Thursday, September 20, 2012

West Coast Reporter Says that Pre-Fab is Making a Comeback!

You heard me correctly. Pre-fab housing was in a decline and lost in the wilderness but a West Coast reporter for LAWeekly says that - get ready for this!...Walt Disney's great nephew, Dewey (his name is really Tim Disney) along with Blu Homes are single-handedly bringing the pre-fab and modular industry back from the dead. Update 9/22/12: I just learned that Abby Disney, a grand niece of Walt Disney was one of the original investors in Blu Homes and Tim is her brother. Can this really be counted as a retail home?

Here is an excerpt from the story:
Could prefab be making a comeback? Prefab, or prefabricated buildings, are typically manufactured in component parts, typically in a factory, then shipped and installed on-site. Pre-housing bust several developers specializing in prefab lauched in SoCal, including Marmol and LivingHomes, delivering mass-produced modern homes. These homes, while having a high design quotient, were often not much cheaper than a custom-designed home on a per square footage basis. Enter Blu Homes: the latest entrant into the prefab space focused on sustainable solutions aiming to provide affordable housing.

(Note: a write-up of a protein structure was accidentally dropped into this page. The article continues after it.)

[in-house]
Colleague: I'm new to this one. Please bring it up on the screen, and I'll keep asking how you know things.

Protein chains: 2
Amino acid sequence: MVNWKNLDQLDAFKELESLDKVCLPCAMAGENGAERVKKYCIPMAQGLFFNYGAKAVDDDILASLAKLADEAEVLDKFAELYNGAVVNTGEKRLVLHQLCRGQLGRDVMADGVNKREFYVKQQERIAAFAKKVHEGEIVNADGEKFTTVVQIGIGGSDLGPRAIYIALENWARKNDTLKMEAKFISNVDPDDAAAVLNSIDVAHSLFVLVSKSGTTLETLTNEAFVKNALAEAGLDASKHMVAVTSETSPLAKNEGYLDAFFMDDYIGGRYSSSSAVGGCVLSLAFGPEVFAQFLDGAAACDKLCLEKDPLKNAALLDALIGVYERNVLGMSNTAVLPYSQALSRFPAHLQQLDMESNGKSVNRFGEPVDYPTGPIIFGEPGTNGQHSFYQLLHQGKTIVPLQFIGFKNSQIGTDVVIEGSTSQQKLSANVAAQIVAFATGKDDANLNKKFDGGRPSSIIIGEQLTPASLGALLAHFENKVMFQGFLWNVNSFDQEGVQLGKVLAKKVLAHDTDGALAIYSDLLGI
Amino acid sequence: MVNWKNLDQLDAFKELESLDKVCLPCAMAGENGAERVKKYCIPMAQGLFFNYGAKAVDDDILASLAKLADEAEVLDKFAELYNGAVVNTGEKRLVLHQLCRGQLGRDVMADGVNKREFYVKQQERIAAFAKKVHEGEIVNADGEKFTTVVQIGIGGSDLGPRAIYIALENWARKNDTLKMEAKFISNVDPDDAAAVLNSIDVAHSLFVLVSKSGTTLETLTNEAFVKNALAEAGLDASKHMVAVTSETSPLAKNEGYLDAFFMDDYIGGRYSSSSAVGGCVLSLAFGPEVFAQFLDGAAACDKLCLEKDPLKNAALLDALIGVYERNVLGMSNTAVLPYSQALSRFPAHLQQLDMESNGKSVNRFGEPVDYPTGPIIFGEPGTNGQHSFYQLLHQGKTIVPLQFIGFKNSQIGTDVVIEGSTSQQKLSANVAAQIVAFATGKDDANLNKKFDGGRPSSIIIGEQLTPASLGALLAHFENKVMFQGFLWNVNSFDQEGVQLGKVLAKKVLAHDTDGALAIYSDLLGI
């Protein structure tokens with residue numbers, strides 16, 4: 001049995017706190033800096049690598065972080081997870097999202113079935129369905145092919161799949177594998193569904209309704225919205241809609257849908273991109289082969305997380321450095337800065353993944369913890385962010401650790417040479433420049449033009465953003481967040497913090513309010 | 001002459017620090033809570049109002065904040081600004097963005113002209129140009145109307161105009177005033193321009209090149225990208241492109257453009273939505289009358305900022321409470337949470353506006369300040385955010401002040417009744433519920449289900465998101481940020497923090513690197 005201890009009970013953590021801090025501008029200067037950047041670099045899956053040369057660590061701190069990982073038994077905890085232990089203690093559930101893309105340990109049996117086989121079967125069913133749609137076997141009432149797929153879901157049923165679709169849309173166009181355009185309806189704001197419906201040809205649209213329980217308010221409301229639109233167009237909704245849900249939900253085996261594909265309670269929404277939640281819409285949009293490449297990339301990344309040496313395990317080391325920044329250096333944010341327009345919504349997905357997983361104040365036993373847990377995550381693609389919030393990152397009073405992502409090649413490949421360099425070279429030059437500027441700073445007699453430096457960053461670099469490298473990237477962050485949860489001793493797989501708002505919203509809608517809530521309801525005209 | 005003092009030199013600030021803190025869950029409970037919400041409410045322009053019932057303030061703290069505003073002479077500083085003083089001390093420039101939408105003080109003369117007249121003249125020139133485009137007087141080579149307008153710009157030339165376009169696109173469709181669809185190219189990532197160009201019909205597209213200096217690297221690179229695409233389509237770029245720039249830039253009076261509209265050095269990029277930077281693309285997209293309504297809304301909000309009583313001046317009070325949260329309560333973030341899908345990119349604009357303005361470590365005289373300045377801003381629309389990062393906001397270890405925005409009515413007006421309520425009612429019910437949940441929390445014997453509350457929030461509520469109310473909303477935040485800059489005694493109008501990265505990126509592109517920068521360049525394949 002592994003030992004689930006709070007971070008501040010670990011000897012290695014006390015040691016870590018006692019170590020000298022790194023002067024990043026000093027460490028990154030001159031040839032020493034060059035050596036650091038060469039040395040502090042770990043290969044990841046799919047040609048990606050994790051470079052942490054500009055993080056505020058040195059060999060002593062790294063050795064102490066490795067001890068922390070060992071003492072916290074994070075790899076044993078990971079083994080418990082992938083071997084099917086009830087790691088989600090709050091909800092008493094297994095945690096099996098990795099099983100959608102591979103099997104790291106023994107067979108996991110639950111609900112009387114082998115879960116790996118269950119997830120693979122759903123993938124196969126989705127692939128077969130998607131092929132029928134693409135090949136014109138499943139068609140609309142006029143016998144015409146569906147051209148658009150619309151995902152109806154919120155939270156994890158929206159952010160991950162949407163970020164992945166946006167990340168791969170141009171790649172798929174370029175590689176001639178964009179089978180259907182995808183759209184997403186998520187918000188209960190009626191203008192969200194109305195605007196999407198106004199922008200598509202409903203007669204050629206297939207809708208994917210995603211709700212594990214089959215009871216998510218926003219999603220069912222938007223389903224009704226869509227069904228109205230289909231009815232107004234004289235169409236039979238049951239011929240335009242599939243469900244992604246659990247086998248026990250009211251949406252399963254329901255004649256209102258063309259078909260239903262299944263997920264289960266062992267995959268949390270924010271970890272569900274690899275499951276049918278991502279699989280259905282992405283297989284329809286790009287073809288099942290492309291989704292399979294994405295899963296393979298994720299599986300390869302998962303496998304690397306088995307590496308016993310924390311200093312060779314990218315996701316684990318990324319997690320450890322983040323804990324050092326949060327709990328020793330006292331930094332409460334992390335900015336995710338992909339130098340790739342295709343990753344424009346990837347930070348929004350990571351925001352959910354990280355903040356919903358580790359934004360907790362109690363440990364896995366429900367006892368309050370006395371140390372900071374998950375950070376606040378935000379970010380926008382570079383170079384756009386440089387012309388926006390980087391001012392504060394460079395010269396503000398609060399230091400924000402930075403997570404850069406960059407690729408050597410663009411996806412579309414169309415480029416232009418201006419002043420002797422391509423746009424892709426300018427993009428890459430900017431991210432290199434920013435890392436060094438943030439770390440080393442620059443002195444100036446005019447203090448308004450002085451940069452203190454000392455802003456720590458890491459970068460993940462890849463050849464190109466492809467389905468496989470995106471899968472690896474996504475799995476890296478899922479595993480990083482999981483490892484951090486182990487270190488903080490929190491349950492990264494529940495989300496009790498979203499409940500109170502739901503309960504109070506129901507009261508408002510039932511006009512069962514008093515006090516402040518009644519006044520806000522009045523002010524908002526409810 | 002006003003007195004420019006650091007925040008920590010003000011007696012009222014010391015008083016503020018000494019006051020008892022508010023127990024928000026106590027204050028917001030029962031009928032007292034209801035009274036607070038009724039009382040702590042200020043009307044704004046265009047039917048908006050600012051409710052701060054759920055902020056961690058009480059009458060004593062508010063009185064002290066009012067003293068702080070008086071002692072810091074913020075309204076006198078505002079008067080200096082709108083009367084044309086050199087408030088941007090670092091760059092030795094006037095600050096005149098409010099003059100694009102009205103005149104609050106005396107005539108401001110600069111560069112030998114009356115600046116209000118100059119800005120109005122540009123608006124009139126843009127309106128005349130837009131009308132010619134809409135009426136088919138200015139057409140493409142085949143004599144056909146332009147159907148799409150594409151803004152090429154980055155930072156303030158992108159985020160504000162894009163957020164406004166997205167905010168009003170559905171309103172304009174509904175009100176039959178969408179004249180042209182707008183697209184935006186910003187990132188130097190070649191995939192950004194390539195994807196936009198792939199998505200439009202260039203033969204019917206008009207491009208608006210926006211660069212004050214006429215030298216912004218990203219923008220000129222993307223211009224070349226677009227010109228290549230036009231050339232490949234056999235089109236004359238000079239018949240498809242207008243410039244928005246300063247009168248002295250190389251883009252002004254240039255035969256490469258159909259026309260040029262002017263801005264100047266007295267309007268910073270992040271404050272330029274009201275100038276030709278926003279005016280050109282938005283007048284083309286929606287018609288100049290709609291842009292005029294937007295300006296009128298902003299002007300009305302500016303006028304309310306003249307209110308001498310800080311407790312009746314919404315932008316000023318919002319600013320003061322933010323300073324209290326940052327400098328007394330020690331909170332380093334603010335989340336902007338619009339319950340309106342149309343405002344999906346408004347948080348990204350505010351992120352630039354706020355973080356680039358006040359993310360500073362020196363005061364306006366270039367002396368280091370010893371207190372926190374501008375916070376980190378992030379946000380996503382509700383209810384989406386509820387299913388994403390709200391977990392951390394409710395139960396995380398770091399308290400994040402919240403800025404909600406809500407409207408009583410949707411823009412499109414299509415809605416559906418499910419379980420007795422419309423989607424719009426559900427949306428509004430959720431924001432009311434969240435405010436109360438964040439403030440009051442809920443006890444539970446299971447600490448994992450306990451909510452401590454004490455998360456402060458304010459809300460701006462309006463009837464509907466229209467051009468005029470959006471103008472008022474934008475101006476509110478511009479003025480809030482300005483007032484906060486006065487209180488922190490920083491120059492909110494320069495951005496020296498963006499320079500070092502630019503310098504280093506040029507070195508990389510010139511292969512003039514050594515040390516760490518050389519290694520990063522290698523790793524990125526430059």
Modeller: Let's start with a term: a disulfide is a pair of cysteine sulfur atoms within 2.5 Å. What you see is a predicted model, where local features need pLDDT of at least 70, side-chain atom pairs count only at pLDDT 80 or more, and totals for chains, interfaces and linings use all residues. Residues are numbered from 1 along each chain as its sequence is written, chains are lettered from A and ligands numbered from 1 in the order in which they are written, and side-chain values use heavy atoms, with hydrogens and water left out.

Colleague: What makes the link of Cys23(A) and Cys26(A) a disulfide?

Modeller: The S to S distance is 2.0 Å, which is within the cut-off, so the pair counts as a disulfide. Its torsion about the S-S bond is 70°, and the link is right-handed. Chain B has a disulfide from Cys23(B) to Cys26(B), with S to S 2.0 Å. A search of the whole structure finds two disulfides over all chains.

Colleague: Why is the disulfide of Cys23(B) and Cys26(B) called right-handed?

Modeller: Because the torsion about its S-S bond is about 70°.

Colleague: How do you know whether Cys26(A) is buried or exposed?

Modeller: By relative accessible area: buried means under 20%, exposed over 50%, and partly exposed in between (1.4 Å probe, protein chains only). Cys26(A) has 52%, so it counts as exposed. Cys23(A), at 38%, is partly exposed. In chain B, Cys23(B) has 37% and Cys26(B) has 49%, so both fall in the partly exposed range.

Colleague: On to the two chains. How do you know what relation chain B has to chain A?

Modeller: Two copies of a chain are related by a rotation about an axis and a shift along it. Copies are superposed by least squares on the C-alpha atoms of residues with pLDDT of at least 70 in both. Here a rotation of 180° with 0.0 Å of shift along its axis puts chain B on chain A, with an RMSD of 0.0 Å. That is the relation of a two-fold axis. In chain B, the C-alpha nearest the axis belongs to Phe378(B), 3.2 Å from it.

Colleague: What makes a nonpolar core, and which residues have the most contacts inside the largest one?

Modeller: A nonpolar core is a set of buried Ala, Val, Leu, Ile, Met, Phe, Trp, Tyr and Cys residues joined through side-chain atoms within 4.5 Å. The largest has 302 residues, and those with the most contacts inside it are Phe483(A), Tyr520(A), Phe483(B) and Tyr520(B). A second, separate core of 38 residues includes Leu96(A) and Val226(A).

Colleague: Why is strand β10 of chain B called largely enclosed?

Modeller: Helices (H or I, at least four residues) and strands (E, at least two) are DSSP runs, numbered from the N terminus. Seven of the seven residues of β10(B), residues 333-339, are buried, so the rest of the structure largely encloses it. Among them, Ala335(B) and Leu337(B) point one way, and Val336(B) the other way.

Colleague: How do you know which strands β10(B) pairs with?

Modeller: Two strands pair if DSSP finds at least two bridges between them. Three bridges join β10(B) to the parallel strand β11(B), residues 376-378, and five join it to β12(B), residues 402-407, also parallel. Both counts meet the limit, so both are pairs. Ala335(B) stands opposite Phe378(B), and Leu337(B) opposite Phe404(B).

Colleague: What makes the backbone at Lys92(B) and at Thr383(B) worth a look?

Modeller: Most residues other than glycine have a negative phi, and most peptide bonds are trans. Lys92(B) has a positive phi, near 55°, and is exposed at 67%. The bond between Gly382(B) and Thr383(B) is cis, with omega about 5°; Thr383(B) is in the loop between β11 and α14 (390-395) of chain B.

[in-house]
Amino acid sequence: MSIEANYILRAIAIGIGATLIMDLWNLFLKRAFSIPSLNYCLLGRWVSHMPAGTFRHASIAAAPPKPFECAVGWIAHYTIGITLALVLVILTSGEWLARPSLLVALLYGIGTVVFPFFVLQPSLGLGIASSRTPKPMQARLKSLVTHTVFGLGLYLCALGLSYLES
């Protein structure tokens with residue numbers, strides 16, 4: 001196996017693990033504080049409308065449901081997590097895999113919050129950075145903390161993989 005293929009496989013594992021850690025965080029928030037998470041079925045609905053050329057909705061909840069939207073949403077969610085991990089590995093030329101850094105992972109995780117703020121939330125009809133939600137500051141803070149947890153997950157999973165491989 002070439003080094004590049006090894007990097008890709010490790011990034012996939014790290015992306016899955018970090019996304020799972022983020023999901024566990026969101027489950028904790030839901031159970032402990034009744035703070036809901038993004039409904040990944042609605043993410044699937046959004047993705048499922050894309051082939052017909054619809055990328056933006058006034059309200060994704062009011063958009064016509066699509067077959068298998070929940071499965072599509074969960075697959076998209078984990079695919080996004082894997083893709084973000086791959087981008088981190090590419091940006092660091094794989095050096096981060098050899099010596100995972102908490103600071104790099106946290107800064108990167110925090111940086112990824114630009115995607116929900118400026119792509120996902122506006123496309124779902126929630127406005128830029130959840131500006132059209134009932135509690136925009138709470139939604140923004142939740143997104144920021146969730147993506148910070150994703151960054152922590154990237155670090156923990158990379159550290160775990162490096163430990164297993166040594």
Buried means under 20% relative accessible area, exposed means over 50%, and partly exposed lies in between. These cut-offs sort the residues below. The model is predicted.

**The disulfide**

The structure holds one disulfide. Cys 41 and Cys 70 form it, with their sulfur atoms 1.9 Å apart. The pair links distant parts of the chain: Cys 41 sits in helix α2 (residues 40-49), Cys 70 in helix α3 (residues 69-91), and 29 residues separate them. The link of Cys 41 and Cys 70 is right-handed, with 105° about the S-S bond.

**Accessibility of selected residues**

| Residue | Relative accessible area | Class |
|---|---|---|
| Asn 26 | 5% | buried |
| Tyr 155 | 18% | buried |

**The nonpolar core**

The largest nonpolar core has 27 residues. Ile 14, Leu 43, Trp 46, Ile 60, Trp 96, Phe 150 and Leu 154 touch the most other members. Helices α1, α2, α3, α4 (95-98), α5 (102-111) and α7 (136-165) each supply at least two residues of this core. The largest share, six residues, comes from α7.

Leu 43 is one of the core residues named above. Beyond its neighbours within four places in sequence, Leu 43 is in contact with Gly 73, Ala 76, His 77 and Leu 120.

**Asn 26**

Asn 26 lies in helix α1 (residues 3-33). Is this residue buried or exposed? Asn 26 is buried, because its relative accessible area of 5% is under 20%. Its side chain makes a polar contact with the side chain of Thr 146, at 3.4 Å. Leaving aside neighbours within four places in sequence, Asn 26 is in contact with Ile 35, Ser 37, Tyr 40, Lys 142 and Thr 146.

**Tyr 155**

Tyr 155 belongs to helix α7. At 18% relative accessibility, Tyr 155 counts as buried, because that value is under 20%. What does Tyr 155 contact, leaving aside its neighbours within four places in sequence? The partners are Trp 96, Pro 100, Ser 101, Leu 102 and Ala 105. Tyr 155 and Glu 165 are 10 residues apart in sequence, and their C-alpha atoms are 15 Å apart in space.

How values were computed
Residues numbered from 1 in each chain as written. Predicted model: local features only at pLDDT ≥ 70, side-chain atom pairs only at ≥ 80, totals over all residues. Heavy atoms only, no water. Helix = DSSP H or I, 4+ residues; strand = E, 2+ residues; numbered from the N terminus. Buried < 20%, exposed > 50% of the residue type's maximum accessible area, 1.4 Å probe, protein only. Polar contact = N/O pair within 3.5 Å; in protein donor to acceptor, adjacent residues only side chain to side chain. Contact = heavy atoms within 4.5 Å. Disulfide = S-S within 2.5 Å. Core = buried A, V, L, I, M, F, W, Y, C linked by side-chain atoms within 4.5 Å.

One of the earliest prefab innovators marrying architecture and manufacturing was Michelle Kaufman, who launched her eponymous architecture firm in 2002 in the Bay Area specializing in green homes that used modular, prefab technology. While her firm closed in 2009 due to the tanking housing economy (she later opened a new design firm), she sold several of her designs to Blu Homes. This past weekend, the first Blu Home in SoCal, set against the alien-esque desert backdrop of Joshua Tree, was open to the public for a tour.
This must be the first of that $60M in marketing money that Blu Homes got at work. It would seem that  they are reviving an industry that doesn't need reviving. What needs reviving are the people that are actually buying all those Lego-style, Architect designed, flat roofed single wide homes. Paying $300+ for a single wide that unfolds after delivery is something that has to mystify anyone with a brain.

CLICK HERE to read the entire article.

1 comment:

Anonymous said...

I'd like to see your analysis of other "boxy prefabs" that are not on the west coast. After all, it was not even till recently that Blu was on the west coast.

What do you know about Hive Modular:

How about WeeHouse:

These are both boxy prefab modular brands that are not on the west coast.